Akbar Risuddin was born to a diabetic mother in a 40-minute cesarean delivery that was complicated because of his unusual weight and size, Dr. Binsar Sitanggang said.
"I'm very happy that my baby and his mother are in good health," father Muhammad Hasanuddin said Friday. "I hope I can afford to feed the baby enough, because he needs more milk than other babies."
Crowds pushed to get a peek of the extraordinary boy, who measured nearly 24 inches (62 centimeters) when he was born Monday, at the Abdul Manan hospital in the northern town of Kisaran on the island of Sumatra.
"This is fantastic," Dewi Miranti, a mother from a nearby village, said as she peered through a window with about a hundred other people. "He looks very well and is cute."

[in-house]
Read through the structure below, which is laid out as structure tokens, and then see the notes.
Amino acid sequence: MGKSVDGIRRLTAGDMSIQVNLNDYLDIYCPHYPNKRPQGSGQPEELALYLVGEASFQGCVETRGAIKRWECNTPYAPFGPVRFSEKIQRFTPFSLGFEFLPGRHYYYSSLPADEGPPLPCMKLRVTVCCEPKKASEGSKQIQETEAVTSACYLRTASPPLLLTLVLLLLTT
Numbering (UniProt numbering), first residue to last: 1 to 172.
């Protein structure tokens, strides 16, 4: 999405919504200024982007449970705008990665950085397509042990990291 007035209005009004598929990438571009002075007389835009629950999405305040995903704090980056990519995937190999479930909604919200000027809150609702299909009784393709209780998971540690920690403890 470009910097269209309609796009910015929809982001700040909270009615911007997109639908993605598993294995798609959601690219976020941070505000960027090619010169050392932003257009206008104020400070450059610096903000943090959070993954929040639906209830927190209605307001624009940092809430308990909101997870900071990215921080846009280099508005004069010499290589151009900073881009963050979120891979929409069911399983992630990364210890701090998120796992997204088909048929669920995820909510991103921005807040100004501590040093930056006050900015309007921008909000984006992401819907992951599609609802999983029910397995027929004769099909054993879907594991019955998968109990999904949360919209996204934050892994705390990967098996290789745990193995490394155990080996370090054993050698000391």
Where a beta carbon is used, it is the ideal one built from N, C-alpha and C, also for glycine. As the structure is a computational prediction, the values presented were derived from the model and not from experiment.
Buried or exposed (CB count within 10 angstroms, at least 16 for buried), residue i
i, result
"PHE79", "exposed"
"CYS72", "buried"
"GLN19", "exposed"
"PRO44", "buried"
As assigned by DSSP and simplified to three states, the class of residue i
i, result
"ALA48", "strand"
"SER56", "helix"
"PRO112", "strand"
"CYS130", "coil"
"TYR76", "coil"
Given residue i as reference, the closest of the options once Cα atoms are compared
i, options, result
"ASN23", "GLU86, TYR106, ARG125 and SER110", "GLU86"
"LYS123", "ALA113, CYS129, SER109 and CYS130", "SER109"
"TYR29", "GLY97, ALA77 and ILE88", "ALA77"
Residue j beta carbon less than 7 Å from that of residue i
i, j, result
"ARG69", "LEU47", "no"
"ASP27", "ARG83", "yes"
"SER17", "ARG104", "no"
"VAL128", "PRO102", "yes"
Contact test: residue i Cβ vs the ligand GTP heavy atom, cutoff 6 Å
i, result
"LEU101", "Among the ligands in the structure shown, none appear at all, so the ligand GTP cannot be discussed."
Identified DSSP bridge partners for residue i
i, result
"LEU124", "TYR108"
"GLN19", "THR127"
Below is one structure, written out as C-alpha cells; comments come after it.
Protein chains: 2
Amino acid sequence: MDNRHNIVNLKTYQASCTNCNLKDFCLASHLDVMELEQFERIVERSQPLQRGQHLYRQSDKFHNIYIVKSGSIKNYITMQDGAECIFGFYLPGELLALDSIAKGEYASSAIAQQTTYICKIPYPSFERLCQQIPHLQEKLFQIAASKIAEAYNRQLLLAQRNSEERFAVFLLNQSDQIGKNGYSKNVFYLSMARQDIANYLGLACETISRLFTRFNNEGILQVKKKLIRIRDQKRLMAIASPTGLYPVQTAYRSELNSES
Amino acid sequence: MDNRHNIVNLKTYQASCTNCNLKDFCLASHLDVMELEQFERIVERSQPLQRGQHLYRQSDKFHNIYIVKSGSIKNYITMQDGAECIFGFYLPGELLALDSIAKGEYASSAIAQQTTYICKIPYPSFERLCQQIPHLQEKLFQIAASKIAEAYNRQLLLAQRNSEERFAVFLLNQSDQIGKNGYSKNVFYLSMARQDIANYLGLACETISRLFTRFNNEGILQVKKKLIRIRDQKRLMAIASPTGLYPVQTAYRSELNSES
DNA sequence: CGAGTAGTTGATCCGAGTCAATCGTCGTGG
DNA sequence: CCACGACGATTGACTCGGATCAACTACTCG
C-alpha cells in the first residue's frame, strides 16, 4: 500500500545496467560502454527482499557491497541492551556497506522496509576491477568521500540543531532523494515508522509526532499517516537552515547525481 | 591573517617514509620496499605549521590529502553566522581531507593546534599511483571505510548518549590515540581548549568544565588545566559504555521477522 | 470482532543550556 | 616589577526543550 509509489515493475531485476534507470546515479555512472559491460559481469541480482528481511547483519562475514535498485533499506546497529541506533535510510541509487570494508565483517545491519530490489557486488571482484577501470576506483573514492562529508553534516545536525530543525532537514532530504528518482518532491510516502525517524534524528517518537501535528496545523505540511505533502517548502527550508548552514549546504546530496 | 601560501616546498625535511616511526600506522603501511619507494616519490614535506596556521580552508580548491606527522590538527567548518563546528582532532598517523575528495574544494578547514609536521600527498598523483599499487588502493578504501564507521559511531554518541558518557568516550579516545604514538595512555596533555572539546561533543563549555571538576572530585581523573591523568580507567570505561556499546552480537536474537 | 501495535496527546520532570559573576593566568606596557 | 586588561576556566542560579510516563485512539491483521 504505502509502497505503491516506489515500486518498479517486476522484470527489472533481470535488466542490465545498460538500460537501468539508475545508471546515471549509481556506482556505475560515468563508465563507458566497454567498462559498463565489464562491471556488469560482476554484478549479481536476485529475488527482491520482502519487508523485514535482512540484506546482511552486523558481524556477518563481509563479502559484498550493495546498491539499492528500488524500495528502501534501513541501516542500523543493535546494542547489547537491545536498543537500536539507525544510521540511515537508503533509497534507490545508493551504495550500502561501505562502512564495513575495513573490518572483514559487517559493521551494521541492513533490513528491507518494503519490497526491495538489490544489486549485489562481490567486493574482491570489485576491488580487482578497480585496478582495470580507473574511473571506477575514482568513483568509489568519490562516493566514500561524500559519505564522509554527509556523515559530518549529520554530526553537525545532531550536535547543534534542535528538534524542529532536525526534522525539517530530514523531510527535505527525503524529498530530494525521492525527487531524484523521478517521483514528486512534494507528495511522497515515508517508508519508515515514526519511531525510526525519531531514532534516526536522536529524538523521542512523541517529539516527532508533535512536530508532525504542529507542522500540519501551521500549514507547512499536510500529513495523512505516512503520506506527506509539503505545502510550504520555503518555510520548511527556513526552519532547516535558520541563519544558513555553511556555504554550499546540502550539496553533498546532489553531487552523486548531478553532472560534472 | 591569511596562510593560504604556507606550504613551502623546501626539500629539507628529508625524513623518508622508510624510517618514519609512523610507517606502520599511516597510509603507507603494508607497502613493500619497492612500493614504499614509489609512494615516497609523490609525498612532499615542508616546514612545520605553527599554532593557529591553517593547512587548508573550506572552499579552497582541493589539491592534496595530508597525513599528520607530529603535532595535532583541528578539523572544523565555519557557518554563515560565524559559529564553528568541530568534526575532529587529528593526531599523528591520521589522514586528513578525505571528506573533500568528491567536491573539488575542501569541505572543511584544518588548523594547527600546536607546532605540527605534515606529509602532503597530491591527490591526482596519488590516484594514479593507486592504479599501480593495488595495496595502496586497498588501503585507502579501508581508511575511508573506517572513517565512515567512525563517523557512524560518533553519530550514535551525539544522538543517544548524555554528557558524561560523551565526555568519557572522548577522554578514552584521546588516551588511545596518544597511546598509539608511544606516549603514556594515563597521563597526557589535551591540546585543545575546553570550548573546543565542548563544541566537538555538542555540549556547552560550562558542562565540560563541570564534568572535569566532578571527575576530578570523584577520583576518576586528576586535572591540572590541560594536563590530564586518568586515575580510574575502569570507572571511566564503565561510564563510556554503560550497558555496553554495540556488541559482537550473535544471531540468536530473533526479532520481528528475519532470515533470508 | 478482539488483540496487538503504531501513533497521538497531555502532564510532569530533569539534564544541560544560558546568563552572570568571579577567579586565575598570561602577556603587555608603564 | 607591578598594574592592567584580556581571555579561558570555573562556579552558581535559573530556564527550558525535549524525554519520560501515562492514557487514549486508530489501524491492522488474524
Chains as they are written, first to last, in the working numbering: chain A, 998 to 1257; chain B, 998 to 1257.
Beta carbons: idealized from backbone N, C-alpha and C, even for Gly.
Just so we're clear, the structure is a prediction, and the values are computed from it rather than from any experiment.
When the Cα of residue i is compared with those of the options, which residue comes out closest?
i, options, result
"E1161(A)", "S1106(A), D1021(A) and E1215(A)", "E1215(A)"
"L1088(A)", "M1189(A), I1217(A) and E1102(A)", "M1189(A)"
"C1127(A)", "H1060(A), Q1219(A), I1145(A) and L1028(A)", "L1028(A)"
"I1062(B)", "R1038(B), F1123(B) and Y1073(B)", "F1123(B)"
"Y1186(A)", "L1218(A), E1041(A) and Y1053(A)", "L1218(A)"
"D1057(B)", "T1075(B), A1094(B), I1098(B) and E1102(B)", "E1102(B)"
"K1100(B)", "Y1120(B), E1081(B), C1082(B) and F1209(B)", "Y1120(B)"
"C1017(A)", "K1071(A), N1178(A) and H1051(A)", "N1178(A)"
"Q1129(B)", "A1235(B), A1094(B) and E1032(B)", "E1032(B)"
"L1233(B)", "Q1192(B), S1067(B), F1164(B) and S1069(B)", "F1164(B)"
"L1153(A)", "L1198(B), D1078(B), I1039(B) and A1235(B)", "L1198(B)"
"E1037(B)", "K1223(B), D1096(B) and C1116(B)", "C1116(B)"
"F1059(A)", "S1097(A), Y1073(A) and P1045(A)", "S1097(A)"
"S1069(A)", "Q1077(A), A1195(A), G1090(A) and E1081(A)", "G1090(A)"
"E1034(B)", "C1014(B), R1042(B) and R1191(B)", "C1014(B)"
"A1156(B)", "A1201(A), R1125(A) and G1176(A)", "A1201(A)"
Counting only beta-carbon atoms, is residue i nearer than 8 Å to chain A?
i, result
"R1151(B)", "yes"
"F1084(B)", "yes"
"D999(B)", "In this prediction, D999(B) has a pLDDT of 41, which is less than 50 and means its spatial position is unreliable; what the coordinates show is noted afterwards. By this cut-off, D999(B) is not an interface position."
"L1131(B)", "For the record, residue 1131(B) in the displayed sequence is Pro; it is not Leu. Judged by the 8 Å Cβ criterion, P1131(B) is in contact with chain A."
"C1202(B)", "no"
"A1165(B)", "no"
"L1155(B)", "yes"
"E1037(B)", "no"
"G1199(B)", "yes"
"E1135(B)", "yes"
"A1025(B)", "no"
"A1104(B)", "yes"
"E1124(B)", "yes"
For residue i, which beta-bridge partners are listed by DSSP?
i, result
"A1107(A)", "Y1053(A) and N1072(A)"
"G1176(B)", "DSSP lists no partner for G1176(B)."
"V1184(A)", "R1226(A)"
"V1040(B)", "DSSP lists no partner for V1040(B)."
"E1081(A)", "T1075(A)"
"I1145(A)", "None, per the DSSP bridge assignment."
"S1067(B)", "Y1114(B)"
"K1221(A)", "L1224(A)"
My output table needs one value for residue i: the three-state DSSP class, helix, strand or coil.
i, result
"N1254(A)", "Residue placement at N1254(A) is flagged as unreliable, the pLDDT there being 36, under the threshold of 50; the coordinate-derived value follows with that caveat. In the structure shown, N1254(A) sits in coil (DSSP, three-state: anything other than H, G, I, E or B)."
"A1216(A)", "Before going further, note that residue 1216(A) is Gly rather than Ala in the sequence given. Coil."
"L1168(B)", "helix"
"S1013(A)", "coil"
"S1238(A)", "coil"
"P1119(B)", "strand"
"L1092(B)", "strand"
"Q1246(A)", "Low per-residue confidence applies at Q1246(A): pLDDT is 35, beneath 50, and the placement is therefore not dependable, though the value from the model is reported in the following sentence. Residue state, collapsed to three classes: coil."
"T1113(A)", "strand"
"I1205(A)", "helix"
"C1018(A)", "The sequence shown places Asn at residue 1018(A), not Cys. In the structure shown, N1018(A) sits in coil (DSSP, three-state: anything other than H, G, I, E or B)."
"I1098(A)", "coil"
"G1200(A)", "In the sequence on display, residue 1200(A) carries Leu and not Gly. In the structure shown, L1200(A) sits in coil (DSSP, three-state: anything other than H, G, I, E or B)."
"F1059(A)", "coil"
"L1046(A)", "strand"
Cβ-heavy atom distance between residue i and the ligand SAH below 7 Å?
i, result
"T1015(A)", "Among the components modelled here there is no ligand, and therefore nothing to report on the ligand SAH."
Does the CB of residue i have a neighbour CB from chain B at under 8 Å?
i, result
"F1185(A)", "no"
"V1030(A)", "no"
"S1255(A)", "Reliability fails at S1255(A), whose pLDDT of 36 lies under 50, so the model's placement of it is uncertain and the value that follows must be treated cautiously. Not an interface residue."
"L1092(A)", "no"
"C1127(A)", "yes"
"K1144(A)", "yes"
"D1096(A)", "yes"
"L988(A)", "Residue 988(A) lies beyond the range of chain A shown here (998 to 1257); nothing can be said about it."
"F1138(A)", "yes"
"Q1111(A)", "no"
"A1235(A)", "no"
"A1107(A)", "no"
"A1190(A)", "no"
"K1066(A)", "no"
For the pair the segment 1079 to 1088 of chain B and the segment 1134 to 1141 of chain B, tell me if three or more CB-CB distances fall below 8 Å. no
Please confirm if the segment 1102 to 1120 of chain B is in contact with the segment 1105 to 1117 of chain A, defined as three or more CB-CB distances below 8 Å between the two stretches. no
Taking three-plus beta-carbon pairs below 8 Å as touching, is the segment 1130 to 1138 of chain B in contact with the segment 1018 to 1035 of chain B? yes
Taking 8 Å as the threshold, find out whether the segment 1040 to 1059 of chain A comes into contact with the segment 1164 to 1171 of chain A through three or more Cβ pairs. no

The baby's extreme weight was the result of excessive glucose from his mother during pregnancy, Dr. Sitanggang said.
"He is greedy and has a strong appetite, nursing almost nonstop," the doctor said.
The boy was the third child of Hasanuddin, 50, and mother Ani, 41, who like many Indonesians goes by a single name. His two "little" brothers weighed 11.6 pounds (5.3 kilograms) and 9.9 pounds (4.5 kilograms) at birth.
The former Indonesian record holder was a 14.7-pound (6.7-kilogram) baby boy born on the outskirts of the capital, Jakarta, in 2007.
Guinness World Records cites the heaviest baby as being born in the U.S. in 1879, weighing 23.75 pounds (10.4 kilograms). However, it died 11 hours after birth. The book also cites 22.5-pound (10.2-kilogram) babies born in Italy in 1955 and in South Africa in 1982.
Associated Press writer Niniek Karmini contributed to this report from Jakarta.